AMD Blue Jay Check
AMD Concrete Mixer ... NO AVOID THIS




I'm not sure that on the low-end of things, that a higher GFLOPS/bandwidth is desirable. This is just making me more suspicious (though it's always a vague suspicion) that this will hurt gaming performance in the card.

I guess we'll have to see actual gaming benchmarks to be sure, but it seems like this will hurt things.


I know for sure that algorithms like Ethereum are highly sensitive to memory bandwidth, hence the massive memory overclocks Ethereum miners do and are almost not affected by the core clock. (You have to really downclock the hell out of the core clock to affect the Ethereum mining rate, for me it was like -250 core clock.

Other algorithms like Equihash are not very sensitive to memory bandwidth and do benefit greatly from core clock.

Looking at the above numbers I predict that the Geforce 1050 3GB may mine Equihash faster than a Geforce 1050Ti due to the increased core clock speed and the same amount of CUDA cores, at least at nonoverclocked settings.

The reduced throughput of the ram would hinder Ethereum, but you may not even be able to mine Ethereum with 3 gigabytes for very long as the above posts mentioned.

This almost feels like Nvidia is saying use this cheap card to mine Bitcoin Gold and Zcash, we don't like Ethereum.

Real benchmarks would indeed settle this.

Even if it is a efficiency god at mining Bitcoin Gold you would need a ton of them to make any real money.

55 cents a day, $16.50 a month as mentioned earlier for the Geforce 1050Ti

Even if your power is unlimited, it isn't but lets pretend it is, you are always limited by available PCI-E slots for graphics cards on the motherboard, along with physical space to put said motherboards/computers.

Buying a ton of Geforce 1050s and setting them up is more of a proof of concept than a functional mining rig

For comparison a Geforce 1060 is about $300 and is about 80% more powerful than a Geforce 1050Ti at mining (80% more money per month)

Meaning you could fit 80% more hashes(sol) / second in the same footprint.

Moving from a Geforce 1060 to a Geforce 1070 is about 40% more hashes / second.

Moving from a Geforce 1070 to a Geforce 1080 is about 34% more hashes / second.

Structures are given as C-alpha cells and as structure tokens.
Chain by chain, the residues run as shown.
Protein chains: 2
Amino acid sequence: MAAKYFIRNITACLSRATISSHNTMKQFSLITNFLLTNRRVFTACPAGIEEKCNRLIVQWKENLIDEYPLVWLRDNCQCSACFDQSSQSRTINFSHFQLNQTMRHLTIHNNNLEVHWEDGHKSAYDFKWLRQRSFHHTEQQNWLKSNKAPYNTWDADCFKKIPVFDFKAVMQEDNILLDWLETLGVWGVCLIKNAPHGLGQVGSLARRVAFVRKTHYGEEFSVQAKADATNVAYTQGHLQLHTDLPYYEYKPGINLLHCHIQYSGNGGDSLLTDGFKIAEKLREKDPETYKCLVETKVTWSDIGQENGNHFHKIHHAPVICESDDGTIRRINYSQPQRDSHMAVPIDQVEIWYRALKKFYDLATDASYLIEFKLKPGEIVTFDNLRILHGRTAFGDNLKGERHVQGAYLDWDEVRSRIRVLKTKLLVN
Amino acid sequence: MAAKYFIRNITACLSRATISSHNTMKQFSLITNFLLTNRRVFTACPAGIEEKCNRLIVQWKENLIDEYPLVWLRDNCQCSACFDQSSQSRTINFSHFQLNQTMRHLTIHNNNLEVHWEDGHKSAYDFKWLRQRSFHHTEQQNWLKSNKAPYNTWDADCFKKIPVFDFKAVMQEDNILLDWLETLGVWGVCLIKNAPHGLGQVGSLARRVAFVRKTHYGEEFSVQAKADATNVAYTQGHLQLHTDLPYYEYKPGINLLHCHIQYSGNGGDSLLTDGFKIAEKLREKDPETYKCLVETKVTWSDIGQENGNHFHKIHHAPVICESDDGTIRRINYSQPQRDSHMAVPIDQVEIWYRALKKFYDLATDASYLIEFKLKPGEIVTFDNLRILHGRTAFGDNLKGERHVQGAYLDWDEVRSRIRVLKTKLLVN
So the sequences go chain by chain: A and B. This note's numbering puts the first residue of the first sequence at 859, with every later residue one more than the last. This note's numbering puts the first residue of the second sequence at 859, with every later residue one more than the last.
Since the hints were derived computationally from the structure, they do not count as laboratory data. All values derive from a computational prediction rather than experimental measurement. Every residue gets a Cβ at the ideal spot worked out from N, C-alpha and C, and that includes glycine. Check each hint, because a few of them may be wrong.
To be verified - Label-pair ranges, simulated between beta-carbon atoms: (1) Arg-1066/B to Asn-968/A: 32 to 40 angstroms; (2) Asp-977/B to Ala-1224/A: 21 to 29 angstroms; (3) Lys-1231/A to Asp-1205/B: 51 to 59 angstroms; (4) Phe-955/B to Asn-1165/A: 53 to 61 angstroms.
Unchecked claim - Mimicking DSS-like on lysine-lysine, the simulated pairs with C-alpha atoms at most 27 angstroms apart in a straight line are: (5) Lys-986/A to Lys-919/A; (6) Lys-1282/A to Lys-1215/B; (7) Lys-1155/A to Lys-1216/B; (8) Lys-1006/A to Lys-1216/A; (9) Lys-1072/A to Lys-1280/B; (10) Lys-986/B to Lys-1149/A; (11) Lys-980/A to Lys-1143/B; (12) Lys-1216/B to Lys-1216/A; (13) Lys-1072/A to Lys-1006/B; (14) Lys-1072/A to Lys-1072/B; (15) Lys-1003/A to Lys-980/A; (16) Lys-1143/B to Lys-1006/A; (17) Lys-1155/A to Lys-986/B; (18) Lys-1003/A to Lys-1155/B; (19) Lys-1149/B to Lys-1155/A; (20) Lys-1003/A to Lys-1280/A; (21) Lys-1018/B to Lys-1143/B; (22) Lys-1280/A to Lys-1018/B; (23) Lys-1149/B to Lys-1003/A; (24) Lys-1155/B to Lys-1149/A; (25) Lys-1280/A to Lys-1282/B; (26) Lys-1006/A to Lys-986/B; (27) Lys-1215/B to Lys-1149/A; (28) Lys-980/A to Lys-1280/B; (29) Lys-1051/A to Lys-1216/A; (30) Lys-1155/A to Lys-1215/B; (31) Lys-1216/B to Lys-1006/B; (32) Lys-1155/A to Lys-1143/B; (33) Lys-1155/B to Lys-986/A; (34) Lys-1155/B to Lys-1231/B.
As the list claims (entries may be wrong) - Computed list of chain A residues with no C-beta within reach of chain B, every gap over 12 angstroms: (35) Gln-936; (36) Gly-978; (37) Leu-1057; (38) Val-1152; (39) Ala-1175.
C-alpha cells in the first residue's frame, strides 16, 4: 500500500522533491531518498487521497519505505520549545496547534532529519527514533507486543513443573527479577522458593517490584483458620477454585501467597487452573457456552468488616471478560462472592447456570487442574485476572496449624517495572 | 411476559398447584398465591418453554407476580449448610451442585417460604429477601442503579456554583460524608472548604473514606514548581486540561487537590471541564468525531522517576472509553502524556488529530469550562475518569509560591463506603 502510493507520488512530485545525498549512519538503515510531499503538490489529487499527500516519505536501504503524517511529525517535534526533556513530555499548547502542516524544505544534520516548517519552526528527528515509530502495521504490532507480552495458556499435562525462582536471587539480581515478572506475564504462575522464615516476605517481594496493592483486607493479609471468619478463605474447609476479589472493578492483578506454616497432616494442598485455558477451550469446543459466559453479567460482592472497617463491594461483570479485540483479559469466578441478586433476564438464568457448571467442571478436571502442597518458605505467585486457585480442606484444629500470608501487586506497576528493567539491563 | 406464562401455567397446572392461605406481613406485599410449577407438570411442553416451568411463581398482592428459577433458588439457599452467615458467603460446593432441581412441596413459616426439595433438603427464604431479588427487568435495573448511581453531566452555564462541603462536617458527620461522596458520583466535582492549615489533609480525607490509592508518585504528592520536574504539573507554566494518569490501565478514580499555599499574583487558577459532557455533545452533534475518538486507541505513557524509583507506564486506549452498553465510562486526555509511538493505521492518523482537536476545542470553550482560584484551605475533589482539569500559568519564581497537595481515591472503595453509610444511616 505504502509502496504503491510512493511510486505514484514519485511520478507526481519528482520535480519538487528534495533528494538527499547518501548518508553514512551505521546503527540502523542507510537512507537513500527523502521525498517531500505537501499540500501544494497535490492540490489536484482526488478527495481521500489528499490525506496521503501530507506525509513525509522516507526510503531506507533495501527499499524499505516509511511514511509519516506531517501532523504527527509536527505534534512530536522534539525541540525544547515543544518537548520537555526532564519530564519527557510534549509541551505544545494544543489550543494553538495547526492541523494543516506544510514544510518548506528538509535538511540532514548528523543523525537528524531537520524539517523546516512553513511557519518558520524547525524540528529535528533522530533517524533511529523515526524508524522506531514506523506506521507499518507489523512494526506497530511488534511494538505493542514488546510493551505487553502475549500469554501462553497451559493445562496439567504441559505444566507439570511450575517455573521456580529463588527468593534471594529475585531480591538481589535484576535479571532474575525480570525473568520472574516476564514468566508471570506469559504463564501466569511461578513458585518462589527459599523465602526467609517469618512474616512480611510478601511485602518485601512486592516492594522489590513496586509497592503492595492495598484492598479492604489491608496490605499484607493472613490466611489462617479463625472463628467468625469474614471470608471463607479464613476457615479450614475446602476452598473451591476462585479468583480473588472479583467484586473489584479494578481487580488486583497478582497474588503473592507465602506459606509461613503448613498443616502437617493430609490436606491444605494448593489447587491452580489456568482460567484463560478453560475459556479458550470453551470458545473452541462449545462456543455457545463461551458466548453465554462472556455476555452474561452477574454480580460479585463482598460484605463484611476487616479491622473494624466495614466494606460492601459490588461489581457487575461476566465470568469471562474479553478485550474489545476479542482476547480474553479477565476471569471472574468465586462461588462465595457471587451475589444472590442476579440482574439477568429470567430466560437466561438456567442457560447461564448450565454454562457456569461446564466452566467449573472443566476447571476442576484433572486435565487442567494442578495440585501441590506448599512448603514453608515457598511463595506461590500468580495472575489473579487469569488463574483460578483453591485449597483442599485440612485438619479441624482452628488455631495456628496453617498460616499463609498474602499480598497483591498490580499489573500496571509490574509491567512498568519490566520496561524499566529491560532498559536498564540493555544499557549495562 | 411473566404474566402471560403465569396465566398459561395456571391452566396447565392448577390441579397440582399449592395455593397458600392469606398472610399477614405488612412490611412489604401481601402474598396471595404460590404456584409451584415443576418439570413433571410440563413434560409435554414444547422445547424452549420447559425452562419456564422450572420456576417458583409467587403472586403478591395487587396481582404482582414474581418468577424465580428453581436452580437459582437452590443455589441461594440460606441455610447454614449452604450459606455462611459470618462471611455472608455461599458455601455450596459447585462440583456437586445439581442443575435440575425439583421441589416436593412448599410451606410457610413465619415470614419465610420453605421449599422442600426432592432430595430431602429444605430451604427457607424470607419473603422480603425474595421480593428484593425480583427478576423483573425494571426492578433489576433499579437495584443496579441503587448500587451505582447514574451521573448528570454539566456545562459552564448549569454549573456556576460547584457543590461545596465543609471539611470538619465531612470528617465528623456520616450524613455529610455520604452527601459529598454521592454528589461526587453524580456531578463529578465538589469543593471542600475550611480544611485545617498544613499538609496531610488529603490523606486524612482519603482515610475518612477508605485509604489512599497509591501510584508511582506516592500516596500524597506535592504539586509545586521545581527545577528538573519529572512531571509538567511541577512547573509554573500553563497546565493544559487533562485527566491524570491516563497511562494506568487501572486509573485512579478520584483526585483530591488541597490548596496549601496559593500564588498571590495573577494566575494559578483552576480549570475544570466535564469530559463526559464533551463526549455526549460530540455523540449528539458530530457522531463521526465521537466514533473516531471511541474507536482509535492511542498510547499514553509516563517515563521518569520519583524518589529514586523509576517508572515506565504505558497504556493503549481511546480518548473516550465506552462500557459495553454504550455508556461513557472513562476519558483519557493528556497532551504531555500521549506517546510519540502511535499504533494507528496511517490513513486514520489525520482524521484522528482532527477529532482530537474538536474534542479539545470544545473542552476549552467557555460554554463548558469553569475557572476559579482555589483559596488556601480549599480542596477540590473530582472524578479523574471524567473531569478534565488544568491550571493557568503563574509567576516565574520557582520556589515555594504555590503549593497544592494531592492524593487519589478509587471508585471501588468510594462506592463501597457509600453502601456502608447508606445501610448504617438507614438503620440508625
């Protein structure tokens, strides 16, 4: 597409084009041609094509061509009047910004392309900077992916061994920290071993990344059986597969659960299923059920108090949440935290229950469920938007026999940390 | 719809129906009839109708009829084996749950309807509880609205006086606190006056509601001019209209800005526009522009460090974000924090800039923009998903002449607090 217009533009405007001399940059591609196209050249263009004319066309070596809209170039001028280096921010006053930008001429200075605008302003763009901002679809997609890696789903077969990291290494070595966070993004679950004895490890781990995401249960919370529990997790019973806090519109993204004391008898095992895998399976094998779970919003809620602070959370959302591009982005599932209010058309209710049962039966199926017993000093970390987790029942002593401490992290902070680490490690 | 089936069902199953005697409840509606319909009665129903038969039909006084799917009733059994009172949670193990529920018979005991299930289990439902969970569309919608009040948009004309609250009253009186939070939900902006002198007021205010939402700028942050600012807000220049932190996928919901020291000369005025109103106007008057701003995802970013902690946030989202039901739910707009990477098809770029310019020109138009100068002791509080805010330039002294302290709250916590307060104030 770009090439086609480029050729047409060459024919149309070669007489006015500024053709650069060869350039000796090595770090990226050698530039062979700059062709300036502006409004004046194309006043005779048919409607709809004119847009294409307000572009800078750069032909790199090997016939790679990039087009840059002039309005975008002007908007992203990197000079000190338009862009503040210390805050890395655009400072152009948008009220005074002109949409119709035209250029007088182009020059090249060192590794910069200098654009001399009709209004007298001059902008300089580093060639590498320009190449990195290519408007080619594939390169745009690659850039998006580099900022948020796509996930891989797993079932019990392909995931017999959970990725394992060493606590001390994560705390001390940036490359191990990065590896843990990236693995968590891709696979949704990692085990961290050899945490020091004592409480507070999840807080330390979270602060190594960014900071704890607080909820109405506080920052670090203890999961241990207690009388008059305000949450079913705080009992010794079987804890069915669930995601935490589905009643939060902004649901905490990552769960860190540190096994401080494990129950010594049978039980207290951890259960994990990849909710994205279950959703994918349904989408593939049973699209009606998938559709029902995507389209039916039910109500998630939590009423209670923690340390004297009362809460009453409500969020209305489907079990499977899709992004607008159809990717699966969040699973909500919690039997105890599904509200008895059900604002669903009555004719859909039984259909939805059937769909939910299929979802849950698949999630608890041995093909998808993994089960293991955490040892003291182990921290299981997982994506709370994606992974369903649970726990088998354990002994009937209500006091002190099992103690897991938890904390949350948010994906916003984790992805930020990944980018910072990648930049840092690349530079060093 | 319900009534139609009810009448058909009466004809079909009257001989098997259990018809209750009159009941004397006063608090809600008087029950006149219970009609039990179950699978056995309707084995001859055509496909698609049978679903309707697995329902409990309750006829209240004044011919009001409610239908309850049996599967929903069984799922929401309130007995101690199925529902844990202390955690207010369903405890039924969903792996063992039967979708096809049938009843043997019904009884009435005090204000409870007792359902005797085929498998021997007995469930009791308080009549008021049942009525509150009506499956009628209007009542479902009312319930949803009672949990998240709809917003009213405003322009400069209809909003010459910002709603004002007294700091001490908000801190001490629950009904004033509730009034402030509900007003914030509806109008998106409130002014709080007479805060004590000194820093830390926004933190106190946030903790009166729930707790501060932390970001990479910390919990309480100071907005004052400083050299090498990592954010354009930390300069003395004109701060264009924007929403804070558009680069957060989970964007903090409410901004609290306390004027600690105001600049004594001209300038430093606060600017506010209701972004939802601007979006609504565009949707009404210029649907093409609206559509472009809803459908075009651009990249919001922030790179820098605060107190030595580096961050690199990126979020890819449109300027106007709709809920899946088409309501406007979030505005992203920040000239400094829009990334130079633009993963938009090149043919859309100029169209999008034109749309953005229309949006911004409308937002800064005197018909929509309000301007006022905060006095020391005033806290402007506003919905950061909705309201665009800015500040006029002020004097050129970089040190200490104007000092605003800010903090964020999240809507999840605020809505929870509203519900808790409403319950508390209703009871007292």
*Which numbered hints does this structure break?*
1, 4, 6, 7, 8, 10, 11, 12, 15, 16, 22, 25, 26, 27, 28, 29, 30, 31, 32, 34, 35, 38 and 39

Moving from a Geforce 1080 to a Geforce 1080Ti is about 33% more hashes / second.

As you can see the performance gains are shrinking, making the Geforce 1060 the most economical of the series, it pays itself off the quickest.

This is obviously not including the undisclosed price and hash rate of the Geforce 1050 3GB.

Prices are coming down, I currently see Geforce 1080Ti for $850 on Newegg, used to be over $1000.

Miners are most likely waiting on the next series for their next purchase.



All else being equal, more bandwidth is certainly better.

I computed the reciprocal of what we want to maximize, since it's a nicer number. But I tend to agree that you want GFLOPS high and FLO/B low. Notice how Titan V has the highest GFLOPS and the second-lowest FLO/B (Floating-Point Ops per Byte).

Again, it will certainly depend on the game, resolution, and settings. But this should give you some perspective that the new card is not outside the range of existing products.

For it to be bandwidth-starved, then the following cards would be even more-so (i.e. at the same settings, with no upper bound on framerate): GTX 1080, Titan Xp, GTX 1080 Ti, and GTX 1070 Ti.

So, at this superficial level, I think we can say the new card is a pretty safe bet. We still need to confirm via benchmarks, but I expect performance mostly on-par with GTX 1050 Ti. Getting that at a cheaper price = win. The biggest downside (both from memory size & bandwidth) will be at higher resolutions. So, not advisable for much above 1080p.



Hmm, I can see that - though admittedly, the high end cards are only bandwidth starved because they have overwhelming power in terms of GFLOPS. GDDR6 and/or HBM will hopefully help alleviate that in the next gen cards. "I CAN'T BREATHE THROUGH THIS COFFEE STRAW!!!" lol

And, agreed, definitely still a medium details 1080p card, though it'll be interesting to see where it falls compared to the standard 1050, 1050Ti, and 3GB 1060 in various games (particularly in the few games where the 1050Ti can outperform the 3GB 1060).